Tapplock Smart locks contain several physical and digital vulnerabilities, each of which could allow an attacker to crack the lock with some attacks taking as little as two seconds to execute.
Tapplock Smart locks contain several physical and digital vulnerabilities, each of which could allow an attacker to crack the lock with some attacks taking as little as two seconds to execute.

Tapplock Smart locks contain several physical and digital vulnerabilities, each of which could allow an attacker to crack the lock with some attacks taking as little as two seconds to execute.

Pen Test Partners reviewed the lock and found that despite its use of AES128-bit encryption, the device makers still ignored pairing, key exchange, key sharing and fail authenticate, according to a June 13 blog post.

The application for the lock allows the user to “share” the lock with someone and revoke access at a later date, however, even after permission is revoked the temporary still possesses all the information to authenticate the lock.

The lock was also criticized for sending data from its servers using HTTP allowing attackers positioned in the network to intercept data and unlock the lock. Researchers also criticized the lock for not having a factory reset and noted that if a user were to delete a lock from their account, the data used to unlock the device remains unchanged.

As a result of these flaws, it only took researchers 45 minutes to develop a technique to walk up to any Tapplock and unlock it in under 2 seconds. The only thing needed to carry out the attack is the devices BLE MAC address which is broadcasts by the lock making it easily obtainable.  

“The vulnerability can be discovered in under an hour with just the downloaded app, therefore there is a significant chance that a malicious actor will also find – and exploit – the issue,” researchers said in the post. “The lock has received significant social media attention, increasing the chance that a malicious actor will attack the device.”

In addition to the cybersecurity vulnerabilities within the device, researchers also criticized the physical security of the zinc aluminum padlock. While the metal is commonly used in die-cast products such as toys, door handles, and men's razors, researchers noted the metal isn't particularly strong, is brittle, and has a relatively low melting point of 400 degrees Celsius.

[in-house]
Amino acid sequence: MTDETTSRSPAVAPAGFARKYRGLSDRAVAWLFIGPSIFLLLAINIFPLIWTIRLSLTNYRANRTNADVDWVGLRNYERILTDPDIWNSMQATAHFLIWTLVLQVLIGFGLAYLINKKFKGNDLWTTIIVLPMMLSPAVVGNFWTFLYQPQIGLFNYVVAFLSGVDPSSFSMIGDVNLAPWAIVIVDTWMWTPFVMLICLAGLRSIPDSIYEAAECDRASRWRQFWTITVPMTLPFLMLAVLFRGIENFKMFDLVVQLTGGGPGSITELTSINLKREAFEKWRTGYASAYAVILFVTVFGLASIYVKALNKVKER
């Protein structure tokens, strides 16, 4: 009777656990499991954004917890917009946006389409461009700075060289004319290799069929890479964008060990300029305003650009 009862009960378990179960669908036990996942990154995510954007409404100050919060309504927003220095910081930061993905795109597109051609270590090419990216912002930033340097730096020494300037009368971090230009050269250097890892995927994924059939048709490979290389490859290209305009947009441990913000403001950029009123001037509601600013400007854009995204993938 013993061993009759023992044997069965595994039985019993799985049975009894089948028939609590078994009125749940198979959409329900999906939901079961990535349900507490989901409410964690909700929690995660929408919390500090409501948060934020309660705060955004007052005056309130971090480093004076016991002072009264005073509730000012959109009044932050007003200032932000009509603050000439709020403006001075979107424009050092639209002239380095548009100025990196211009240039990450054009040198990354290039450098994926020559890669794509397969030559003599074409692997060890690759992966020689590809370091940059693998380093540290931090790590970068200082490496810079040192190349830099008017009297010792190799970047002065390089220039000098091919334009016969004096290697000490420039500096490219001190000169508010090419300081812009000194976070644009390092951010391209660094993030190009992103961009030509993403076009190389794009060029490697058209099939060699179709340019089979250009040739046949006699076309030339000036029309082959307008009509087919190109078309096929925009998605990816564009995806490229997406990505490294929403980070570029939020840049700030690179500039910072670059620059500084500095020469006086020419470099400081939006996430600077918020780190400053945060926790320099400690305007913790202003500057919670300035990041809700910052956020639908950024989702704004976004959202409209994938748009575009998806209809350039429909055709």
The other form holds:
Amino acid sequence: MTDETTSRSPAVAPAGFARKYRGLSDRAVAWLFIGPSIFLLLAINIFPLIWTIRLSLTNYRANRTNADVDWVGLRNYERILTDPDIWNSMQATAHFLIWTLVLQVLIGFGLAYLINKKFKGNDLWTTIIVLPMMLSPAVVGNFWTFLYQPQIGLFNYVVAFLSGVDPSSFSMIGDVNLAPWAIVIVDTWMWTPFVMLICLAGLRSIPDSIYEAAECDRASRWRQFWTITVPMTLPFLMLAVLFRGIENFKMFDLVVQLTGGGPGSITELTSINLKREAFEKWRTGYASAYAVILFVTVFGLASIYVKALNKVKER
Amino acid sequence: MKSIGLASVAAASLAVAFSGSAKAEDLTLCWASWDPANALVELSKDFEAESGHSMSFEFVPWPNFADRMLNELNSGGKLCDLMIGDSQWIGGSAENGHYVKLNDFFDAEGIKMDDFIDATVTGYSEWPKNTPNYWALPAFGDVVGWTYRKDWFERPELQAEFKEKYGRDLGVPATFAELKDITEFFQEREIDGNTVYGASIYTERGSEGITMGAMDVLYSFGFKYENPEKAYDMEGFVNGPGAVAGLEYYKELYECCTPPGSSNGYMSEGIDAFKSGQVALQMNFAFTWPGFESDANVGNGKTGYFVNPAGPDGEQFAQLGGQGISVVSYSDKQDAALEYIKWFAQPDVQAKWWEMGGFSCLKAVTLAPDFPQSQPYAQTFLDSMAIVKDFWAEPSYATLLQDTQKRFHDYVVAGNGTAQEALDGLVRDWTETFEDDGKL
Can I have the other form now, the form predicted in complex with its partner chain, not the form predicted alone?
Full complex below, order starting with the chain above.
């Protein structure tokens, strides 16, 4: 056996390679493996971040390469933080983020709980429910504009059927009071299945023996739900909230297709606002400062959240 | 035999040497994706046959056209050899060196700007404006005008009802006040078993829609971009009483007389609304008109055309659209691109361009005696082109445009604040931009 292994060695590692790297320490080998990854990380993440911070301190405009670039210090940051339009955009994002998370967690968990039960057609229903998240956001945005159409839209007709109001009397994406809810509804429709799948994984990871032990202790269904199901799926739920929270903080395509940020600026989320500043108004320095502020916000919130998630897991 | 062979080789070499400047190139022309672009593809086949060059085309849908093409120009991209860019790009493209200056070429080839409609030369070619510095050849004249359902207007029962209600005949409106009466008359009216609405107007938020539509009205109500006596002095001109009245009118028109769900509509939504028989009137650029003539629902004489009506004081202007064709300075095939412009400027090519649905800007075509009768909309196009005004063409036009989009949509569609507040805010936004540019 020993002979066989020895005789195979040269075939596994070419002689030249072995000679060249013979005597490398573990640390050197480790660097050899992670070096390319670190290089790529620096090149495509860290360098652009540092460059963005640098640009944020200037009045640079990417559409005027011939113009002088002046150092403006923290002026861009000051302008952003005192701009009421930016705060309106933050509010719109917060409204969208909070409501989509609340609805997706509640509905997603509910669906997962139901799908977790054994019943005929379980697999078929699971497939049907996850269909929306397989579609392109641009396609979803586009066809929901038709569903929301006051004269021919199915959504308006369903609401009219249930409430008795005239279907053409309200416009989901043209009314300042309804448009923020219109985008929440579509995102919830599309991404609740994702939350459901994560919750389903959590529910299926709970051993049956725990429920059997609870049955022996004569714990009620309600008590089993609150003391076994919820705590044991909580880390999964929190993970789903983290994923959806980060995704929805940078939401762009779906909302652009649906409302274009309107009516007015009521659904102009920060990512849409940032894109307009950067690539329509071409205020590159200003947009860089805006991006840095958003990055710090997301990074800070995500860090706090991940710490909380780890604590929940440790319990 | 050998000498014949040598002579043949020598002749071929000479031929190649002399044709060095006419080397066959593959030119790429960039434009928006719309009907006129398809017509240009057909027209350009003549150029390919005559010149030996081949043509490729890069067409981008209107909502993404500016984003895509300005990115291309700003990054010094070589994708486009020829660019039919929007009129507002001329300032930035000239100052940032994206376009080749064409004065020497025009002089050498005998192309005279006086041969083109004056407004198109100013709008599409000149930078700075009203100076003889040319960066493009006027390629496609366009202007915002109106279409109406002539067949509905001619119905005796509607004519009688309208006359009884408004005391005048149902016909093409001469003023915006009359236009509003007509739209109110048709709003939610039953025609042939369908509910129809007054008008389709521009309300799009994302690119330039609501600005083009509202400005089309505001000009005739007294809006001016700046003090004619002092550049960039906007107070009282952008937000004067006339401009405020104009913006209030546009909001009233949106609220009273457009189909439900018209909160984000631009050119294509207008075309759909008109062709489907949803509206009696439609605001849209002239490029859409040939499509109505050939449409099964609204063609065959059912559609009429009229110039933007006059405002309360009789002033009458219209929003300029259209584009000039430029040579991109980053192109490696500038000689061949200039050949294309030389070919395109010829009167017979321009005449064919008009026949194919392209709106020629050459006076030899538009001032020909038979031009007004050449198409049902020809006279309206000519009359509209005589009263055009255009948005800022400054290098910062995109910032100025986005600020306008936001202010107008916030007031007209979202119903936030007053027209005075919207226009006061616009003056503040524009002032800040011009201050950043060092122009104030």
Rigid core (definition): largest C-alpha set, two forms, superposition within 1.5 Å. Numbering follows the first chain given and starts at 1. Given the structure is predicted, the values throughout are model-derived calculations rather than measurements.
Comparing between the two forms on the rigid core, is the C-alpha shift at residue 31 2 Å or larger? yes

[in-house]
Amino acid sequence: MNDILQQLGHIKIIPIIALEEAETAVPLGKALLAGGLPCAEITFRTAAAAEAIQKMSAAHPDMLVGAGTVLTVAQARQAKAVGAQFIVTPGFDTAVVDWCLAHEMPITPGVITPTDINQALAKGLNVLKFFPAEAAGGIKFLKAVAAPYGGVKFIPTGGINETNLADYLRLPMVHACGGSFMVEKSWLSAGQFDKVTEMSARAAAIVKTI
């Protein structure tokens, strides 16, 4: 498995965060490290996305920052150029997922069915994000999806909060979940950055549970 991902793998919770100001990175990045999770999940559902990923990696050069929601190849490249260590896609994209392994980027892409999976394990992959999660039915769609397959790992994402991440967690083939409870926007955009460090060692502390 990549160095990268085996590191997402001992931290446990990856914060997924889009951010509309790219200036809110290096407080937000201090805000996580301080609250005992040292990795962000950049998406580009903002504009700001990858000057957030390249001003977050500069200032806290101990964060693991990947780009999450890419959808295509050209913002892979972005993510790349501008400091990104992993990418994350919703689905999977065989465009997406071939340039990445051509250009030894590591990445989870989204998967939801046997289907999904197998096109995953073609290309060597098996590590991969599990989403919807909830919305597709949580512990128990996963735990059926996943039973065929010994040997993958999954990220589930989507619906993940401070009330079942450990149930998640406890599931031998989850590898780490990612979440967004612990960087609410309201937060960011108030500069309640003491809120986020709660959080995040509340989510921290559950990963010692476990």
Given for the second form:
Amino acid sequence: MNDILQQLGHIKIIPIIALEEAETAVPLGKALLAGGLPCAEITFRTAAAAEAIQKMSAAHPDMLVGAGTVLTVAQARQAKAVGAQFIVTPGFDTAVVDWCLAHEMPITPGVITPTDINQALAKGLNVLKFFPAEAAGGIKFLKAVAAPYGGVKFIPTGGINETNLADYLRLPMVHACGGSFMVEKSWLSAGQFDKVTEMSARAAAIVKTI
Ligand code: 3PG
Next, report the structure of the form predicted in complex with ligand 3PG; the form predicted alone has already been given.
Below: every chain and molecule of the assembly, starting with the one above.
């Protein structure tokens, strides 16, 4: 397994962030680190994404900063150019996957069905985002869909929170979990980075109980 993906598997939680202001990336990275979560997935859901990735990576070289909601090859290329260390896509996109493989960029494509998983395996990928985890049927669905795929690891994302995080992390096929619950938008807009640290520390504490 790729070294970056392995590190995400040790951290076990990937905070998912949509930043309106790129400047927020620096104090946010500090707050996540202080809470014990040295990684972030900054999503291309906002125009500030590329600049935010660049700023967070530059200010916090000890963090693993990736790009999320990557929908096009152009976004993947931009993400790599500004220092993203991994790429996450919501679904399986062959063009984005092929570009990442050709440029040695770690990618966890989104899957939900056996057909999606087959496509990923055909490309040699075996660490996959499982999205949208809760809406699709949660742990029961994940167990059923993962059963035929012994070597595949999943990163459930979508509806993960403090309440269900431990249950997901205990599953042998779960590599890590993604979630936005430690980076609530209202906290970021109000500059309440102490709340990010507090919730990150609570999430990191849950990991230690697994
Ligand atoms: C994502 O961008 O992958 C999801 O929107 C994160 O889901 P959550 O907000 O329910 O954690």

The poor construction allowed researchers to remove the back of the device, dismantle it with a screwdriver and manually open the shackle. An attacker could also take a more blunt force approach to the attack and open the lock using a pair of 12 inch bolt cutter, although other non-digital padlocks are vulnerable to this.

Tapplock was notified of the issue and said that it will be pushing out a security patch to “addresses several Bluetooth / communication vulnerabilities that may allow unauthorized users to illegal gain access,” according to a June 12 notice. The firm will also be upgrading their firmware.

Pen Test Partners critiqued the notice for not explicitly stating that anyone can open the lock and not advise users to use a temporary replacement lock until the firmware update is applied.

Daniel Moscovici, co-founder of Cy-oT said the news is not surprising and that if someone can break a physical lock someone can break a “smart” lock as well.

“This also resembles the transformation in cars where ignition keys were replaced by a digital key transmitting wirelessly to start the car, and hackers were able to break in and steal the car,” Moscovici said.

"We are in an age where everything is going to be "smart" and connected, and thus will be susceptible to hacking or used as an attack platform - as we saw in the case of Mirai.”

Pen Test Partners recommend users simply invest in a reasonable mechanical padlock instead of a “Smart” lock.